Blood Pressure: Six Steps Beyond Food

Lifestyle and stress have a lot to do with your blood pressure

Blood Pressure: Six Steps Beyond Food

Blood Pressure: Six Steps Beyond Food

What you eat—and how much you eat of it—are not the only contributors to high blood pressure, nor is changing them the only way to control it. How you live your life, the way you handle stress, and even what supplements you take all have roles to play. Additionally, for most people with hypertension, medication is a factor.

1. Lifestyle and Habits

In a moment, we’ll get to the most important lifestyle issues affecting blood pressure—exercise and stress. But first, let’s talk about the even more basic topics of sleep, emotions, and habits; the roles they play in your risk of hypertension; and their ability to help you control it.

It should come as no surprise that the most vilified bad habit—smoking—has a deleterious effect on your blood pressure; after all, it’s pretty bad for everything else connected with your health. While it does not cause high blood pressure, nicotine constricts blood vessels and temporarily raises blood pressure. Smoking also damages arteries, increasing the buildup of plaque and making them less flexible. Even chewing tobacco can make it harder to control your blood pressure.

Other consumption-oriented habits—including drinking alcohol and overindulging in sweets or salty snacks—are also uniformly bad for blood pressure health. Alcohol is particularly troublesome for blood pressure, as are being overweight and binging on high-salt or high-sugar foods.

Your emotions also affect your blood pressure. For instance, studies have found that depressed people with high blood pressure have a more difficult time controlling it than those who are not depressed. There are many possible reasons, including the fact that people who are depressed may lose interest in taking their medication and may be less likely to follow the kind of healthy lifestyle necessary to control blood pressure. But researchers suspect there may also be hormonal changes in the brains of people with depression that may affect blood pressure. You don’t have to suffer with depression, however. It is eminently treatable with medication and/or therapy.

How well you sleep also makes a difference when it comes to blood pressure control. When researchers deprived 36 people with mild to moderate hypertension of sleep for one night, then compared blood pressure levels after the sleepless night with those following a good night’s sleep, they found that both blood pressure and heart rate levels were higher after the sleepless night than after a good snooze. The results, researchers note, suggest that sleepless nights may represent increased risk for both organ damage and acute cardiovascular disease.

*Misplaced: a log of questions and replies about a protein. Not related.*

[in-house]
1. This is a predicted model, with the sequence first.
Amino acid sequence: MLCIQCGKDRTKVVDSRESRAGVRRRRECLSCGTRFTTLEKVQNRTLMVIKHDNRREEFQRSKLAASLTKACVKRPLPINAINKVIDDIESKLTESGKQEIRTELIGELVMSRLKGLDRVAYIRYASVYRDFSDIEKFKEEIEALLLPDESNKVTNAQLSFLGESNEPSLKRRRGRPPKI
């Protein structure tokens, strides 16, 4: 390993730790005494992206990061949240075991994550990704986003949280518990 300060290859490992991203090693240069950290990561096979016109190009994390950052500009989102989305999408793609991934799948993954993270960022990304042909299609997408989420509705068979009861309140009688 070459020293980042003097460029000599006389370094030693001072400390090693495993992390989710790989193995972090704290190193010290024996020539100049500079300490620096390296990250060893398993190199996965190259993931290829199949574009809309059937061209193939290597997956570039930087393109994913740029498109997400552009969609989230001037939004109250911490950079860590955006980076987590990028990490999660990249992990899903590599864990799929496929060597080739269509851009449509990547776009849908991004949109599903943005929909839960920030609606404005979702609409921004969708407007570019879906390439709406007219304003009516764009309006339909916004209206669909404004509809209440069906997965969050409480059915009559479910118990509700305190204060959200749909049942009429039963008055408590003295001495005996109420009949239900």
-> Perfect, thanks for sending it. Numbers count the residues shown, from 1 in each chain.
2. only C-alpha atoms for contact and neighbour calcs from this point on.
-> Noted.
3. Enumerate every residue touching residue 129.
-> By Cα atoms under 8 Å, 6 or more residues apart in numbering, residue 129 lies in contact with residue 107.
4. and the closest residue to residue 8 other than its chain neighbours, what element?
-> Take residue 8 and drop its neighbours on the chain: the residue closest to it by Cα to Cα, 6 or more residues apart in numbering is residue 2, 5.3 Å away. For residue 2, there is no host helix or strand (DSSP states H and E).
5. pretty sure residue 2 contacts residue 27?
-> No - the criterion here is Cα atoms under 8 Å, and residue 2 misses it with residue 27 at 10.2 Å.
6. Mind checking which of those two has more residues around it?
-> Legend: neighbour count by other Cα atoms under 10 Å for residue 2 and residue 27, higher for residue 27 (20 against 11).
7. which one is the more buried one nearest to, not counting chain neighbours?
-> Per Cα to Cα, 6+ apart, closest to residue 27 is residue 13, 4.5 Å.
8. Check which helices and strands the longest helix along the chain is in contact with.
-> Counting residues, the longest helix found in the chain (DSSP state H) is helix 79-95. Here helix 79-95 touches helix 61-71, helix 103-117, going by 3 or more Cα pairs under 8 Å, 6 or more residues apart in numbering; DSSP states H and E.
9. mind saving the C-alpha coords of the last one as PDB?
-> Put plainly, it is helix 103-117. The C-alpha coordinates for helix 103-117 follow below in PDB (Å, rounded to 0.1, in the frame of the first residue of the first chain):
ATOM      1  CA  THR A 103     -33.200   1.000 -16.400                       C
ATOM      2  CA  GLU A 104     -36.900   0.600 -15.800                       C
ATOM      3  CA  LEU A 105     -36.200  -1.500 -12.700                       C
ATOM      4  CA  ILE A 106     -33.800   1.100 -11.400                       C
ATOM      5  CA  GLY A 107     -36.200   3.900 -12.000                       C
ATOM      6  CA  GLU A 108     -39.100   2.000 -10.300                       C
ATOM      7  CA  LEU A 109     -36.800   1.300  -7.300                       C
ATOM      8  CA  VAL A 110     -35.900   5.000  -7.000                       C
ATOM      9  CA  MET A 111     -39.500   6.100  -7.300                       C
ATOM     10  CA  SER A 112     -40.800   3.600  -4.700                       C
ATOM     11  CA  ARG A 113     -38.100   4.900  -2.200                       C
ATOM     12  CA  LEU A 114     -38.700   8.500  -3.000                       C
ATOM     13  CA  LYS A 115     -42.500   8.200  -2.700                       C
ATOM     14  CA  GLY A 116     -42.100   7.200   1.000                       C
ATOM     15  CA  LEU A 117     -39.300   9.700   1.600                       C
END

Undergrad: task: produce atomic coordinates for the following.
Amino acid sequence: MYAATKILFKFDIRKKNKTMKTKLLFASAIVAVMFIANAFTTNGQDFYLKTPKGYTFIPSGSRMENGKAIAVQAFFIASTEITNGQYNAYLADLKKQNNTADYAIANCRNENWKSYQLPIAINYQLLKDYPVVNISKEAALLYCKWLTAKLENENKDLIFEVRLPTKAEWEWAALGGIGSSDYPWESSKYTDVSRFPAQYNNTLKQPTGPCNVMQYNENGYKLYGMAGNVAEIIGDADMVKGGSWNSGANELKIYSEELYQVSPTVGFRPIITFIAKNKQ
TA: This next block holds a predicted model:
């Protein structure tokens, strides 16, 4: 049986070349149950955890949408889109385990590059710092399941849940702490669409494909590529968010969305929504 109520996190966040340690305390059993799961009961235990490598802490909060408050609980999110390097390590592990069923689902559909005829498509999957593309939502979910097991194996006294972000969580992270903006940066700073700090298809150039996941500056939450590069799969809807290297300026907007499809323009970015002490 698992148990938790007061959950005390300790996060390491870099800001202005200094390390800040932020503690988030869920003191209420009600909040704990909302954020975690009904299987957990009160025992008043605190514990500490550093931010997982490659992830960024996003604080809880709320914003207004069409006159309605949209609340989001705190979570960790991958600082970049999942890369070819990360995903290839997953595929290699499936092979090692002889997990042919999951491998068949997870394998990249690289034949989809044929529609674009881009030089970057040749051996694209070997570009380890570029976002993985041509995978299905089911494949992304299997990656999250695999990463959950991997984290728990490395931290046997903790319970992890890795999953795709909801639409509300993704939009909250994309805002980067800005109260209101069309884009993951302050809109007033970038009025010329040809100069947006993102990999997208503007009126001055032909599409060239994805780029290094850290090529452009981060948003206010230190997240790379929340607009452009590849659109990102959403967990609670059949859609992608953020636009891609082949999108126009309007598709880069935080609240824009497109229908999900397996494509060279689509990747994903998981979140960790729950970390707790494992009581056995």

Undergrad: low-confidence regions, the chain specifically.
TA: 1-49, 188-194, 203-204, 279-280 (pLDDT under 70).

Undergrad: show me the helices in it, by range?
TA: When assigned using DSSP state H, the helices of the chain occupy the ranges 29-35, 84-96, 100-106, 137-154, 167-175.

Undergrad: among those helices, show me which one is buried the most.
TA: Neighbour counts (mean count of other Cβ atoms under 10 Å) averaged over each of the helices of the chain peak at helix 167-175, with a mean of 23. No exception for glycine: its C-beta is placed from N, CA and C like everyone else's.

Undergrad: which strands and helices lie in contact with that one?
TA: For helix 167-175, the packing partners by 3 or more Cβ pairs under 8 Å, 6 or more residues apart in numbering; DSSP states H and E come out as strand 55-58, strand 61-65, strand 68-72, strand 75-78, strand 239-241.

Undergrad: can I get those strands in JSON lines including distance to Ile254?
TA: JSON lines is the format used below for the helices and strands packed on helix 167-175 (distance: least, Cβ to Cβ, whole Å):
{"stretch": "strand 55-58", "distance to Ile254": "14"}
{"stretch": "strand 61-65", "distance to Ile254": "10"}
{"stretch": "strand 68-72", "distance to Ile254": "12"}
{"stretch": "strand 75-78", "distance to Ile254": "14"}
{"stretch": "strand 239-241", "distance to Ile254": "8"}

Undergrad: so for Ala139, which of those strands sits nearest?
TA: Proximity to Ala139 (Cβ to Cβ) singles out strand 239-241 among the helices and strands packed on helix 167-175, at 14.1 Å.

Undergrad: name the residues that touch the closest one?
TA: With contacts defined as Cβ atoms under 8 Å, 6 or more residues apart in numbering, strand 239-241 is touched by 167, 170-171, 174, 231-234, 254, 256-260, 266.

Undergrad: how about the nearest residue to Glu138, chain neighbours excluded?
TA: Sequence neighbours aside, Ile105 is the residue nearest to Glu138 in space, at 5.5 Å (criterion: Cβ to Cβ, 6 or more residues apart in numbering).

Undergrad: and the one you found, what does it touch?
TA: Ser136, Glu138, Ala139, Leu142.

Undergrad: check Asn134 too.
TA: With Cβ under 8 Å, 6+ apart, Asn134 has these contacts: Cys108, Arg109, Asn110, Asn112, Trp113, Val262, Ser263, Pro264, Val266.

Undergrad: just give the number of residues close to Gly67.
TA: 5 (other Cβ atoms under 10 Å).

We could continue, but the point is simple: A healthy, happy lifestyle contributes to healthy blood pressure. Unlike viral infections or allergies, which have clear external triggers and causes that are out of your control, high blood pressure is almost entirely linked to the daily choices you make.

2. Exercise

It’s well established that regular physical activity reduces your risk of all forms of cardiovascular disease. It’s less clear whether physical activity on its own lowers blood pressure. But since physical activity is critical to maintaining a healthy weight, and a healthy weight is critical to controlling your blood pressure, we (and all experts) consider exercise and other physical activity to be vital components of any lifestyle program designed to control high blood pressure.

It doesn’t take intense physical activity to benefit your health or your weight. Studies have found that moderate-intensity activity is just as beneficial as high-intensity activity when it comes to blood pressure control, a plus for those of us who prefer a brisk walk to a jog. In fact, a review of 16 studies on walking concluded that a moderate walking program (about 30 minutes three to five times a week) reduced systolic and diastolic blood pressure by 2 percent. Even just increasing the amount of physical activity in everyday life—parking at the far end of the parking lot, for example, taking the stairs instead of the elevator, or walking to the store instead of driving—was as effective for reducing blood pressure as a structured aerobic exercise program.

Also try some popular activities such as yoga and tai chi. Growing evidence suggests these low-intensity exercises may be just as effective as high-intensity workouts for lowering blood pressure. For instance, one study comparing the blood pressure–lowering effects of tai chi with moderate aerobic activity found that both significantly decreased overall blood pressure. Tai chi, of course, is better suited for older, sedentary people, since it doesn’t require the same heart rate elevation as aerobic exercises. Several studies have found similar benefits from yoga.

And don’t forget resistance training, whether with weights and special equipment or simply with certain floor exercises that work against your body weight. While studies to date don’t show any significant improvement in blood pressure from resistance training alone, these muscle-building exercises play an important role in any program to lose weight or maintain a healthy weight.

3. Stress